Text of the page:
The Fed’s release of the minutes for the June FOMC meeting was the most noteworthy economic event last week; the minutes repeated the Fed’s recent statement concerning the wind-down of its current monetary easing policy.
The minutes indicated that about half of meeting participants wanted to end the quantitative easing (QE) policy by year end, while “many others” preferred to end the program in 2014.
This split suggests that days are numbered for the Fed’s monthly purchase of $85 billion in Treasury securities and mortgage-backed securities (MBS). The minutes also revealed that the Fed would not be selling off MBS as QE is ended. This would likely prevent additional potential for mortgage rates to increase as demand for bonds would decline when the Fed stops its monthly purchases.
Mortgage Rates Typically Rise When Bond And MBS Prices Fall
U.S. financial markets showed little reaction to the Fed minutes. The Dow Jones Industrial Average saw a quick gain of about 40 points that quickly retreated. The Wall Street Journal interprets the lackluster response to the Fed minutes as investors growing accustomed to the eventual end of the QE program; it’s also possible that the markets interpreted the FOMC minutes as “old news,” as the minutes contained information included in the Fed statement given after June’s FOMC meeting.
The FOMC minutes reported that details of tapering the QE program will be given by Chairman Ben Bernanke during his customary press conference after the Fed presents the FOMC meeting statement. The minutes also asserted that the Fed will closely monitor economic and financial developments as part of their decision-making for ending QE.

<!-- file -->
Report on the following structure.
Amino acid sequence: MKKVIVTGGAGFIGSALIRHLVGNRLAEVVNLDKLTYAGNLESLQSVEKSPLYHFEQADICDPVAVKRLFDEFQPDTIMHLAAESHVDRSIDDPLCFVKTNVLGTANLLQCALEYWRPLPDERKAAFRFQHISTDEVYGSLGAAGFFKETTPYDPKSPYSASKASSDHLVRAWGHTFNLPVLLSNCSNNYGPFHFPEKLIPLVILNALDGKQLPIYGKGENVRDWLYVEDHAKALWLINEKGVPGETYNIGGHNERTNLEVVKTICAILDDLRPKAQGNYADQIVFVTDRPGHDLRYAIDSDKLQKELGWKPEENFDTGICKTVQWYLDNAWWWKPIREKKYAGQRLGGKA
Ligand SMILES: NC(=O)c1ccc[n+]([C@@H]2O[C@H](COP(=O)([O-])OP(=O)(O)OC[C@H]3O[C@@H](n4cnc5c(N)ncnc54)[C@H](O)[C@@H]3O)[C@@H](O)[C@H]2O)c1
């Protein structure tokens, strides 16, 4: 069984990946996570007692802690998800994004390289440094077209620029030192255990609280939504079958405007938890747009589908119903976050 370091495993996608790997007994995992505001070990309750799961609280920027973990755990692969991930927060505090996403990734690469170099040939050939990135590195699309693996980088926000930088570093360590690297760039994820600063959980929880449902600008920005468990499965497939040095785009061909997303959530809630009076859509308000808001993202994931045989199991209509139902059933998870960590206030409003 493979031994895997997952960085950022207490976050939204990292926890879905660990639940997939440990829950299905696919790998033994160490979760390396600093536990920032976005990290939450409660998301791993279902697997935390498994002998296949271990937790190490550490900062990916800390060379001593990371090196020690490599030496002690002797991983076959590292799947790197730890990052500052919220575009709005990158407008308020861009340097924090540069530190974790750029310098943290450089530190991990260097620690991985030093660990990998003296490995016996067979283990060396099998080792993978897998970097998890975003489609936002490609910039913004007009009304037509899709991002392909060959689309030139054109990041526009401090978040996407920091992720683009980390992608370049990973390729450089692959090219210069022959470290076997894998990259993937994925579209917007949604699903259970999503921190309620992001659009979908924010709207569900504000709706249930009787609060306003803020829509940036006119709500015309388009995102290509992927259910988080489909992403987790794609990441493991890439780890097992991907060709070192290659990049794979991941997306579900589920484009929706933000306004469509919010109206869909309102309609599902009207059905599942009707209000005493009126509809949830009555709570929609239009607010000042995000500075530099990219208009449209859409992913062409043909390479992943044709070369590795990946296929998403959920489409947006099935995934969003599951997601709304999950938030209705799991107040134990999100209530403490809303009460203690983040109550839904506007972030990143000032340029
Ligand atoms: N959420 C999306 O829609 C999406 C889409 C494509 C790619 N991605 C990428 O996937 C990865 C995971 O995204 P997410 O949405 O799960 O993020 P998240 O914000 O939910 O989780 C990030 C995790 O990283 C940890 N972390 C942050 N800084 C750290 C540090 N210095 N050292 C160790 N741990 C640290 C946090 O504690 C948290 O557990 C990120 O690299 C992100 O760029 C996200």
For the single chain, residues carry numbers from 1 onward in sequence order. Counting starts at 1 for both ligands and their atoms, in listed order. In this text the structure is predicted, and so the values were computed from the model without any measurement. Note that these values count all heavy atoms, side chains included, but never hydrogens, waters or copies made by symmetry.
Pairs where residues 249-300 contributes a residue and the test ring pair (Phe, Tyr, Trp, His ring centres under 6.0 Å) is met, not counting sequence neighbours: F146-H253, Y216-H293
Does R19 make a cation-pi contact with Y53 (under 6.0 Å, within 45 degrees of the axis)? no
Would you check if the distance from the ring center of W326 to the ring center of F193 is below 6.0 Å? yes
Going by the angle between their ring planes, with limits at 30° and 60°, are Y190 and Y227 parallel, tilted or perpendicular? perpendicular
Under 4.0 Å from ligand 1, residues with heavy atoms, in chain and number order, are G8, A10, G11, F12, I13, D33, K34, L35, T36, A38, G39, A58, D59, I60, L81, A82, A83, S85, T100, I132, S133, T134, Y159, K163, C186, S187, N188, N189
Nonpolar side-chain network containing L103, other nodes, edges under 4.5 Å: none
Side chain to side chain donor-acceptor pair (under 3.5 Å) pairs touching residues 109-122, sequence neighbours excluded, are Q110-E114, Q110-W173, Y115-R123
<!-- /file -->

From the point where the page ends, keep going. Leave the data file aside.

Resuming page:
The minutes stated that the current Federal Funds rate of 0.00 to 0.25 percent will remain in place for some time after QE is ended.
Mortgage rates rose last week according to Freddie Mac. The average rate for a 30-year fixed rate mortgage moved to 4.51 percent from last week’s 4.29 percent. The average rate for a 15-year fixed rate mortgage rose to 3.53 percent from 3.39 percent. Discount points for both types of loans rose from 0.70 percent to 0.80 percent.
Rising mortgage rates suggest that borrowers may soon return to adjustable rate mortgages or hybrids such as the 5/1 adjustable rate mortgage, which was reported at an average rate of 3.26 percent with discount points of 0.70 percent.
What’s Coming Up
On Monday, retail sales for June will be released. This is an important indicator for the general economy. Tuesday’s news includes NAHB/Wells Fargo Housing Market Index for July.
On Wednesday, Housing Starts for June will be released. Thursday’s news includes weekly Jobless Claims and Leading Economic Indicators. No economic news is scheduled for Friday.